I fell hard, smacking my wrist on the tightrope and falling onto the sand below. I grabbed my wrist and whispered a profanity. At this point in my life, I had never broken a bone and had no idea how it would feel. I was sure I had just overextended it, so I snuck back to the hotel to wrap it in a tensor bandage and put ice on it, grateful for the veterinarian and pharmacist that was also on my tour who assisted me.
Now alone, I smacked myself for being so stupid.
I was in a foreign country, in a very remote location, and had no knowledge of the health care system. I was adamant that I would treat my injury, whatever it was, once I landed back in Canada three days later. Afraid of the healthcare, afraid of the cost, but mostly, I was scared because I was by myself.
After brushing off the concerns of the other travellers, we took a two-hour boat ride back to Santa Cruz. Soon the tensor bandage was getting tighter as my arm started to swell and I knew I couldn’t wait. I skipped the next outing and sat in the hotel lobby to Facetime my mother. She told me “for heaven’s sake, just go to the hospital!
I asked the hotel’s front desk how to get to the nearest hospital. The small woman glanced at my hand and told me it looked painful. The hospital was only a five-minute walk from here. “But, their English is no good,” she said. “I must get someone to translate for you.”
About 20 minutes later, the tour coordinator showed up. Eduardo was young, maybe late twenties, and had a big smile on his face. He made small talk to “keep my mind occupied,” he said. Eduardo tried to calm my fear about the cost of treatment. I had no idea how much money I was about to fork over, even with insurance.
He first talked me into seeing a “foreign” doctor who had a private practice on the other side of town. “He’s from the UK, he knows his stuff, our hospital can get busy,” said Eduardo. The two of us hopped in a taxi and drove to his office, which was closed. Eduardo then directed the driver to another place which was also closed. He sighed as said we would head to the hospital.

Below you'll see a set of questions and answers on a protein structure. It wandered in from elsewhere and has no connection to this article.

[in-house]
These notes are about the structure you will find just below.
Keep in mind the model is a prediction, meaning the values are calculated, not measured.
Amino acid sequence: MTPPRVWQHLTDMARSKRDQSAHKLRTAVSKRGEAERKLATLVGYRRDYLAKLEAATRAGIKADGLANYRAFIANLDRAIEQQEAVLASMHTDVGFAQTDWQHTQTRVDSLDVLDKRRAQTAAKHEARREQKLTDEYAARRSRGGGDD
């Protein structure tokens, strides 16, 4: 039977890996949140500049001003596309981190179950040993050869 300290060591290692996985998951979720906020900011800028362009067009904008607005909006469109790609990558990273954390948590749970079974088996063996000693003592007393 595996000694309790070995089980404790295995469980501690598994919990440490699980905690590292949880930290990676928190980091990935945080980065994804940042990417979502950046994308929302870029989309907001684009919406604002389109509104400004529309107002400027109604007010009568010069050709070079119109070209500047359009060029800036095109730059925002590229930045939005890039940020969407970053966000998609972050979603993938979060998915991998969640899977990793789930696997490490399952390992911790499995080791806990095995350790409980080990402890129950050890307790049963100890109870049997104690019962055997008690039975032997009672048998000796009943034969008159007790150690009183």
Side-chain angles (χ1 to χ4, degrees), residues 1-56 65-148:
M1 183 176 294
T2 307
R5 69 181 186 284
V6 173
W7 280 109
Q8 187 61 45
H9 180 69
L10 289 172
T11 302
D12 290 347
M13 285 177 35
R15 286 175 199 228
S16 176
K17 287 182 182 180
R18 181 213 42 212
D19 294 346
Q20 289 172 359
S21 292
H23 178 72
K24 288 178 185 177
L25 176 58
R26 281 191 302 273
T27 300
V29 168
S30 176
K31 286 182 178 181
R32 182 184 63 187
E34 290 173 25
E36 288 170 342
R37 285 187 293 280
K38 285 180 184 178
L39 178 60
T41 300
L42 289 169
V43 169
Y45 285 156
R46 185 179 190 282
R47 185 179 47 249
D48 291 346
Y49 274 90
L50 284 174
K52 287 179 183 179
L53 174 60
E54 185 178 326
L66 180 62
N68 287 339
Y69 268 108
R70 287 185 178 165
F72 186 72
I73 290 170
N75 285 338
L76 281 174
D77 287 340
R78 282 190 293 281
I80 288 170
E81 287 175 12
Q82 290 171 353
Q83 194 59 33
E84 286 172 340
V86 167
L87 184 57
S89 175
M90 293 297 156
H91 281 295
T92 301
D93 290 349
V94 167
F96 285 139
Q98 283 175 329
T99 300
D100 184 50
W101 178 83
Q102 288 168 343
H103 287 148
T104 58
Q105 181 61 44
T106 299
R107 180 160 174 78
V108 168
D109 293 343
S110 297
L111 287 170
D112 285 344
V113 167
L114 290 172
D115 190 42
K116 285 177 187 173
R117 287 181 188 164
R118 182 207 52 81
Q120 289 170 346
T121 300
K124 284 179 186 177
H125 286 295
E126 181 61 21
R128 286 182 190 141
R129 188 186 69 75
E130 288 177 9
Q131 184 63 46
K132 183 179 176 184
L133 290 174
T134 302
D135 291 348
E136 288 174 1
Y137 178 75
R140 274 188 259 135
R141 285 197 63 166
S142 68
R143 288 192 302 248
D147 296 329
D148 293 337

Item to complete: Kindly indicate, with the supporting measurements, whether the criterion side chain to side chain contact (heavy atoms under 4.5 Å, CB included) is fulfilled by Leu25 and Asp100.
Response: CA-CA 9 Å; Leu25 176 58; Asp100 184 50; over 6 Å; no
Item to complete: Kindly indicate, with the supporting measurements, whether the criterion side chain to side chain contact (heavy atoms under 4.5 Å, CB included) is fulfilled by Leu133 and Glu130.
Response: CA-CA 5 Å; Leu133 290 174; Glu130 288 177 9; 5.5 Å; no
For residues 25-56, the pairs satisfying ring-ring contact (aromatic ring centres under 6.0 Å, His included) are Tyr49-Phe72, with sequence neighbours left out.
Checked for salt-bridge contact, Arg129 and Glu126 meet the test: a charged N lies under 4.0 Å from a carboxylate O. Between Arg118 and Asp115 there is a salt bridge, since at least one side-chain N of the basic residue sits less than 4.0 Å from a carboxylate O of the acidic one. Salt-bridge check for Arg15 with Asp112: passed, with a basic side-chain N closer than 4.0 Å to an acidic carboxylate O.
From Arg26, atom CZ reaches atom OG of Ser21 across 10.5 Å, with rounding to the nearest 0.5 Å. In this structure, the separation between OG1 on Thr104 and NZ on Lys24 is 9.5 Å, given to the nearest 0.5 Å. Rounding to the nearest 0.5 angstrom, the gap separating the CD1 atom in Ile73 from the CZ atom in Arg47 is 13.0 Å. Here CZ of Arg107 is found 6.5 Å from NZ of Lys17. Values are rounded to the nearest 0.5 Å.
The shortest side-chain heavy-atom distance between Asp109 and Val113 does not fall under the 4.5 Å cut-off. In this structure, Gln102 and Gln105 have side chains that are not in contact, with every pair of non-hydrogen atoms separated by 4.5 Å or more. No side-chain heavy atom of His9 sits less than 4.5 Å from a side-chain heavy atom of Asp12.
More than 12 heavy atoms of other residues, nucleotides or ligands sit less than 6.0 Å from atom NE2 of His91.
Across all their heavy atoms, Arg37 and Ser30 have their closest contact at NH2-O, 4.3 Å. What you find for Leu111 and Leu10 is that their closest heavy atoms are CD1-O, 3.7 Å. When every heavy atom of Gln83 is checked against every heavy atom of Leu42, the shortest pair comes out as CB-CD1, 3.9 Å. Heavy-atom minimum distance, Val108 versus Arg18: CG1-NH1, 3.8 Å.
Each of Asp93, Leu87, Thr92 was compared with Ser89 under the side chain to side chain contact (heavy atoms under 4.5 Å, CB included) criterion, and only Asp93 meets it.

Not as Bad as Expected
Eduardo and I arrived at the Hospital Republica del Ecuador, a small two-storey building that I had not noticed before, even though I had passed it many times. I immediately saw the doctor, a steely-eyed man who worked quickly. I waited in the sparse emergency room for the results of my x-ray. Bad news, said the doctor. My arm was broken in two places and needed to be reset. As I lay on the exam table, the paper scratching my legs, I tensed as the doctor, and hospital staff pulled my arm out in an attempt to reset it. As a result, a stretching and burning sensation emanated from my wrist, but it wasn’t that bad after all.
After 20 minutes I was cold and wet from the plaster cast now encasing my arm from my fingers to above my elbow, I stepped out of the air-conditioned hospital into the warm equatorial sun. A smile creased on my mouth, and I looked up at Eduardo, he smiled too.
“It’s just a broken arm,” I told him.
The fear of travelling in the Galapagos and Ecuador by myself relaxed. I may have been travelling solo, but I wasn’t alone. I walked with Eduardo to the pharmacy across the street from the small hospital and shelled out $20US for my sling and ibuprofen.
Finally, If you are a solo female traveller, or just have an interest or opinion about it and would like to write for Women Who Wander, you can contact me at firstname.lastname@example.org. Can’t wait to share your stories